NEW PHILADELPHIA, Ohio—The U.S. Department of Labor's Occupational Safety and Health Administration has proposed fining Lauren Manufacturing $274,934 after an investigation of a June incident where an employee had a finger severed.
It was the second serious accident suffered by an employee in less than 18 months, resulting in OSHA placing New Philadelphia-based Lauren Manufacturing in its Severe Violators Enforcement Program.
The agency said inspectors identified four repeated, six serious and three other-than-serious safety violations of machine safety procedures after a pneumatic bench cutter severed a 27-year-old employee's finger as she cut rubber material on June 22, according to an OSHA news release. Inspectors found the employer did not properly adjust the machine's light curtains, which serve as safeguards, to prevent the worker's hand from coming in contact with the machine's operating parts.
In the release, OSHA said it also found that Lauren:
- allowed temporary workers to operate machinery without training on proper lockout/tagout procedures;
- failed to develop and implement adequate lockout/tagout procedures and periodically inspect such procedures;
- did not provide protective footwear or adequate personal protective equipment to protect employees from burns; and
- exposed workers to live electrical contacts.
"Companies need to evaluate safety procedures to protect employees from injuries on the job," Larry Johnson, the OSHA area director for Columbus, Ohio said in a news release. "Particularly, they need to take a hard look at machinery operations and how workers are trained on safety."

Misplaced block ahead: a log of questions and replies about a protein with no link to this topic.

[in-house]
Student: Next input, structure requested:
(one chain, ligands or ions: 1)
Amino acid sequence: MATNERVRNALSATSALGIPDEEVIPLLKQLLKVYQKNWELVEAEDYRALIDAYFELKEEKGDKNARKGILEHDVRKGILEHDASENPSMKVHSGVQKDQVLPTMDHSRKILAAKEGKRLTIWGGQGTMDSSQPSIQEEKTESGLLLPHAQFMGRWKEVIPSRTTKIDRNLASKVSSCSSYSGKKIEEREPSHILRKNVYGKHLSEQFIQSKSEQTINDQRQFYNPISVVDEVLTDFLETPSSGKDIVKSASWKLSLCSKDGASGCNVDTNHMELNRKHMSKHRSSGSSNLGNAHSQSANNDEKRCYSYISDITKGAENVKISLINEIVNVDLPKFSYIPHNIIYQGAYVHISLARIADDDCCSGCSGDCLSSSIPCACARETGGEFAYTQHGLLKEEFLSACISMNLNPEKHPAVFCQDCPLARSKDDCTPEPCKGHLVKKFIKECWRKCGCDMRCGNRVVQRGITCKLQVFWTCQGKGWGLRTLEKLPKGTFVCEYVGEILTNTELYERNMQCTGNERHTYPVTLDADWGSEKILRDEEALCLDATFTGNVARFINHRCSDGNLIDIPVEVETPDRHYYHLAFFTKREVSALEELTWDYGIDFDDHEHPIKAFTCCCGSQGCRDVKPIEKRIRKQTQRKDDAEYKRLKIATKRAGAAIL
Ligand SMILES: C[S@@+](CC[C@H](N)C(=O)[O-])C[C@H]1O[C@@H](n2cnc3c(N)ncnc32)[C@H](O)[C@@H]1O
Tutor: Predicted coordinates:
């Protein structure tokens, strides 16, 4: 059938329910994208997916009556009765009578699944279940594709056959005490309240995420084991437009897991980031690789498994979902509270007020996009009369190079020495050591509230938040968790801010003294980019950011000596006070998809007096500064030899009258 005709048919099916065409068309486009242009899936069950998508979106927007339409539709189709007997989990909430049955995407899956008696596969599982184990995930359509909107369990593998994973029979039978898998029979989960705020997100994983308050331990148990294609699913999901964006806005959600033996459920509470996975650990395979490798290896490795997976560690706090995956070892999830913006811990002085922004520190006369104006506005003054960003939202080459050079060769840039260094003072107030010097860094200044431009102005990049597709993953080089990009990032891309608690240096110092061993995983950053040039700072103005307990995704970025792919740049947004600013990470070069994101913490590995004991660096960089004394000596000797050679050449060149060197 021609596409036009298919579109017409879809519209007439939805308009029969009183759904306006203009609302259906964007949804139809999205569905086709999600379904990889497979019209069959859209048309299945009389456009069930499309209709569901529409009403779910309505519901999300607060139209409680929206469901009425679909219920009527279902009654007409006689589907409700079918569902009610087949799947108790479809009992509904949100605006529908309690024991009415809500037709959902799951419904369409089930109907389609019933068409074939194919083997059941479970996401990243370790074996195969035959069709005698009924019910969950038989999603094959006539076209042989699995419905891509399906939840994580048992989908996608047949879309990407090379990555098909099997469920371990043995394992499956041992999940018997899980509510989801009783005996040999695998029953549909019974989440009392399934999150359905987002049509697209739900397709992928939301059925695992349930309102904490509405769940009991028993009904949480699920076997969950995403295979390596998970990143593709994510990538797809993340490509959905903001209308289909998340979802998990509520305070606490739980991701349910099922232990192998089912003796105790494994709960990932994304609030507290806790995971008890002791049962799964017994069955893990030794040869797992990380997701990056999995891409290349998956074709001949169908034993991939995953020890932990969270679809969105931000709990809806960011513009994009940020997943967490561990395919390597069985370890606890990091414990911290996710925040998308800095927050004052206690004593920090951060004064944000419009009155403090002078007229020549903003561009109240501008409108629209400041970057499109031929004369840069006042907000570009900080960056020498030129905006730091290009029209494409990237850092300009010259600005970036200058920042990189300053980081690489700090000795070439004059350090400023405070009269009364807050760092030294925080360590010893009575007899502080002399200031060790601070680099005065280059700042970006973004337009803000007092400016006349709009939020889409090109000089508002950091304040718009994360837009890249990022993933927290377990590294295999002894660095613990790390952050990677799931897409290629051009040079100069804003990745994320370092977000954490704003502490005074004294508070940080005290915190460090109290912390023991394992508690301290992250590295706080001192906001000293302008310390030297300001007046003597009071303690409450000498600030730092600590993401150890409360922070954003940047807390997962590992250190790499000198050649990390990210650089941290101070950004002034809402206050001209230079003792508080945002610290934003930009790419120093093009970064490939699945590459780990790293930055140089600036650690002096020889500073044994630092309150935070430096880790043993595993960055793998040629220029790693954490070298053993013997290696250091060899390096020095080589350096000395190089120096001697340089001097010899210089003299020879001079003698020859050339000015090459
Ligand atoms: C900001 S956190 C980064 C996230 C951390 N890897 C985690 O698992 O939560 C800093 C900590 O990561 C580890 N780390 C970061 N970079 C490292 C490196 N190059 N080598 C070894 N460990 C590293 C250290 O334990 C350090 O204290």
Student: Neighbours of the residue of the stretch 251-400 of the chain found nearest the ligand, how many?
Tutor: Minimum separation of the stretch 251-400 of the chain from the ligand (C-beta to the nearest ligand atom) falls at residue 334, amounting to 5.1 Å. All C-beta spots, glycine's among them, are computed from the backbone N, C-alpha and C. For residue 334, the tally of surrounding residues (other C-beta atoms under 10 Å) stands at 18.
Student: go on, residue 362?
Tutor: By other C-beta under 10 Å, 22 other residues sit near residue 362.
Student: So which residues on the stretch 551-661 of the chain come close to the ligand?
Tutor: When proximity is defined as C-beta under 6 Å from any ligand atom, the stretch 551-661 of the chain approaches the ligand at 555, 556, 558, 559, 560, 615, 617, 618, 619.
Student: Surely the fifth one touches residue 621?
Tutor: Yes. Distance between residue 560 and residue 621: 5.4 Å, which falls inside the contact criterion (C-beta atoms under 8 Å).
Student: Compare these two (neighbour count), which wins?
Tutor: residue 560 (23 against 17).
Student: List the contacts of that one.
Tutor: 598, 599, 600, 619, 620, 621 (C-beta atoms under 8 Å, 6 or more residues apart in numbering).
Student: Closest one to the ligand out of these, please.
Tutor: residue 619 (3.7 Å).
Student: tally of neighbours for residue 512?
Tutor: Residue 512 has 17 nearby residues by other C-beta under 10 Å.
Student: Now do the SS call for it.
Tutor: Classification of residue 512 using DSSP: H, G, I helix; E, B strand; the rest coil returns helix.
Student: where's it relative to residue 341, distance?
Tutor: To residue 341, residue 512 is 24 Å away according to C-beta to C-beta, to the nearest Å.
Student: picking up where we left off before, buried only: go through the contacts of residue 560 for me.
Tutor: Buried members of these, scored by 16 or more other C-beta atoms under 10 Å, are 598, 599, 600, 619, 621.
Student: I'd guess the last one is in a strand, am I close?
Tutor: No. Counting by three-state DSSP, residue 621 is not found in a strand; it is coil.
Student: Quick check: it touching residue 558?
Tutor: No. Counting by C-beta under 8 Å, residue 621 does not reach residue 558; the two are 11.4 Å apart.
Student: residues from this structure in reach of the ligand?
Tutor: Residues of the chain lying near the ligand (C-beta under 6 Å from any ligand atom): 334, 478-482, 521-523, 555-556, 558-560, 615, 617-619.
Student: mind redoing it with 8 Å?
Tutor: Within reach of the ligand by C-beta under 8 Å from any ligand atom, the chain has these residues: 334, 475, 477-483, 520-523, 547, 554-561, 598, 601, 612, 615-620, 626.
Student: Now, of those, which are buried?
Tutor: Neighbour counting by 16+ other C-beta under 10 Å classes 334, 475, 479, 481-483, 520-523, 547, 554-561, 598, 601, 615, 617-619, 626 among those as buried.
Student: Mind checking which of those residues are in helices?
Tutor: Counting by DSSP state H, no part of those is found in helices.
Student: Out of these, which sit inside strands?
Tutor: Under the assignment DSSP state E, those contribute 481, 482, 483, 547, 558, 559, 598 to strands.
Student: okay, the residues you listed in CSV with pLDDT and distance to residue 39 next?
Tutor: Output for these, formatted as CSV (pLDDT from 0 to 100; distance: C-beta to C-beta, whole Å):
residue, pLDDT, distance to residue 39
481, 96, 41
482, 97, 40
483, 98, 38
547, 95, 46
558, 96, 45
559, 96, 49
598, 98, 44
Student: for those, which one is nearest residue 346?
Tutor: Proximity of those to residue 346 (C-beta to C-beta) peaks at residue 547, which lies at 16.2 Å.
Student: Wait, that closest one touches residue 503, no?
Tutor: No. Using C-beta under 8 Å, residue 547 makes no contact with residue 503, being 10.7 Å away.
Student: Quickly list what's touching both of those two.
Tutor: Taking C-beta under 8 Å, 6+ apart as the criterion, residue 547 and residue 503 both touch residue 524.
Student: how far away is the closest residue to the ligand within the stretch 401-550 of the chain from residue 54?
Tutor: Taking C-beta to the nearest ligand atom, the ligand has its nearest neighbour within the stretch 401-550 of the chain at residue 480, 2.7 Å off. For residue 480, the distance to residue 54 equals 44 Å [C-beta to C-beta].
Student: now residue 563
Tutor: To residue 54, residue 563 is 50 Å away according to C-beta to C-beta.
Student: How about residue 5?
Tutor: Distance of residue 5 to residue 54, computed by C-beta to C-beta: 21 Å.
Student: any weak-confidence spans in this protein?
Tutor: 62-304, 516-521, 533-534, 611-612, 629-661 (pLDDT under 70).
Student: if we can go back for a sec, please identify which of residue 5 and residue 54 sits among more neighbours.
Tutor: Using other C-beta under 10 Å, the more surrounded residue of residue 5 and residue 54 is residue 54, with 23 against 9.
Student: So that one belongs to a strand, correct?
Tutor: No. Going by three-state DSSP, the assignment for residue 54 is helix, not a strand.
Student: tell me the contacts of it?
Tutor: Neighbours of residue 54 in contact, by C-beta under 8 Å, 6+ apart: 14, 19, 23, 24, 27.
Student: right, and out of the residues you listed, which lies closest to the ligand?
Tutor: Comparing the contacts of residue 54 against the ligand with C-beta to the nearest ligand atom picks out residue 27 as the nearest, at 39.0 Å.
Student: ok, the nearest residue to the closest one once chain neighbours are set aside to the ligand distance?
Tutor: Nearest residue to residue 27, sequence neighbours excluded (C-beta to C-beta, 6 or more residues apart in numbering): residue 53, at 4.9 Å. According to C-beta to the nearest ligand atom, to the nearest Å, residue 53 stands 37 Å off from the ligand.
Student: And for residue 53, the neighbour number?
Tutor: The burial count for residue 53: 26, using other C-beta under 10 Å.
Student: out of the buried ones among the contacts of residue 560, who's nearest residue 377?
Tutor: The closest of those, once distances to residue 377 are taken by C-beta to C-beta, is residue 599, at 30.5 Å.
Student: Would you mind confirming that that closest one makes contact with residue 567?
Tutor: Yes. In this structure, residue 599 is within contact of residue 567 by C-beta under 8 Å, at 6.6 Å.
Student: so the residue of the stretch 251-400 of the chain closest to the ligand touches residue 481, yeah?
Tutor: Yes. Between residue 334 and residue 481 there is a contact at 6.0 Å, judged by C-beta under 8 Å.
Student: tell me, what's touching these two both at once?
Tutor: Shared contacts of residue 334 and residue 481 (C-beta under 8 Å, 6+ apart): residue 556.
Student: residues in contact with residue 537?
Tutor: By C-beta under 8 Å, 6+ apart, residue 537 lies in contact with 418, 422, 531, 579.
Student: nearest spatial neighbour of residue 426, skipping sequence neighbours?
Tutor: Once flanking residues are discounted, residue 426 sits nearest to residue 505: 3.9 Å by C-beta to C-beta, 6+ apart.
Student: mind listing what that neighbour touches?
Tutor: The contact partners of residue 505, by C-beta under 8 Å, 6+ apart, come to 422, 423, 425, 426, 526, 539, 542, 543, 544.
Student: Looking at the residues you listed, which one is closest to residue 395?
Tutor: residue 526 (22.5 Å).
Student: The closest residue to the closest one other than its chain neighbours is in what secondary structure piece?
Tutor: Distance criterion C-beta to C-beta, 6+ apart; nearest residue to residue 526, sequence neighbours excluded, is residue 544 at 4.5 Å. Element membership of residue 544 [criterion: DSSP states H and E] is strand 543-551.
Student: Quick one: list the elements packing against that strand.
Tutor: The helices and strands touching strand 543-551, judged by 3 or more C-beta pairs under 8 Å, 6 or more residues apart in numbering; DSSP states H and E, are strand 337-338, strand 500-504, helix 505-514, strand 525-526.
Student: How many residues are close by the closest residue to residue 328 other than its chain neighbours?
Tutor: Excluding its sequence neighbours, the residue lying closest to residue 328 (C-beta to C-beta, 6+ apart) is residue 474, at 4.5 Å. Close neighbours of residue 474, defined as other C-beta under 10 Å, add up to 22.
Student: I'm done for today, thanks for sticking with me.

Chuck Laney, vice president of safety and continuous improvement for parent firm Lauren International, said in a statement that "any incidence of employee injury is deeply personal for each member of our organization. Employee safety is our highest obligation and a core value for our company."
He said that Lauren Manufacturing has cooperated with OSHA officials throughout the process and the firm has received communication from the agency about the proposed citations and penalties for the June 22 incident. The official added that Lauren is reviewing the information and has scheduled an informal conference for the first week of January in Columbus, one of the options OSHA gives companies that receive proposed citations.
"We look forward to our discussions with OSHA regarding the many steps we have taken to provide a safe environment for our employees and will use this process to continue to improve our operations," Laney said in the statement. "Over the past eight months, our organization has made strides in our overall safety program, and we are confident that our employees are more engaged in improving our safety culture in all of our facilities."
He added that Lauren has set aggressive goals of zero recordable and lost time accidents for 2017.
OSHA previously issued four citations against Lauren Manufacturing in January 2015 for lack of machine safety procedures after a worker's arm was crushed in a hydraulic mold press.
The firm makes molded and extruded products using rubber, silicone, thermoplastics and other specialty polymers. It is a subsidiary of Cambridge, Ohio-based Lauren International.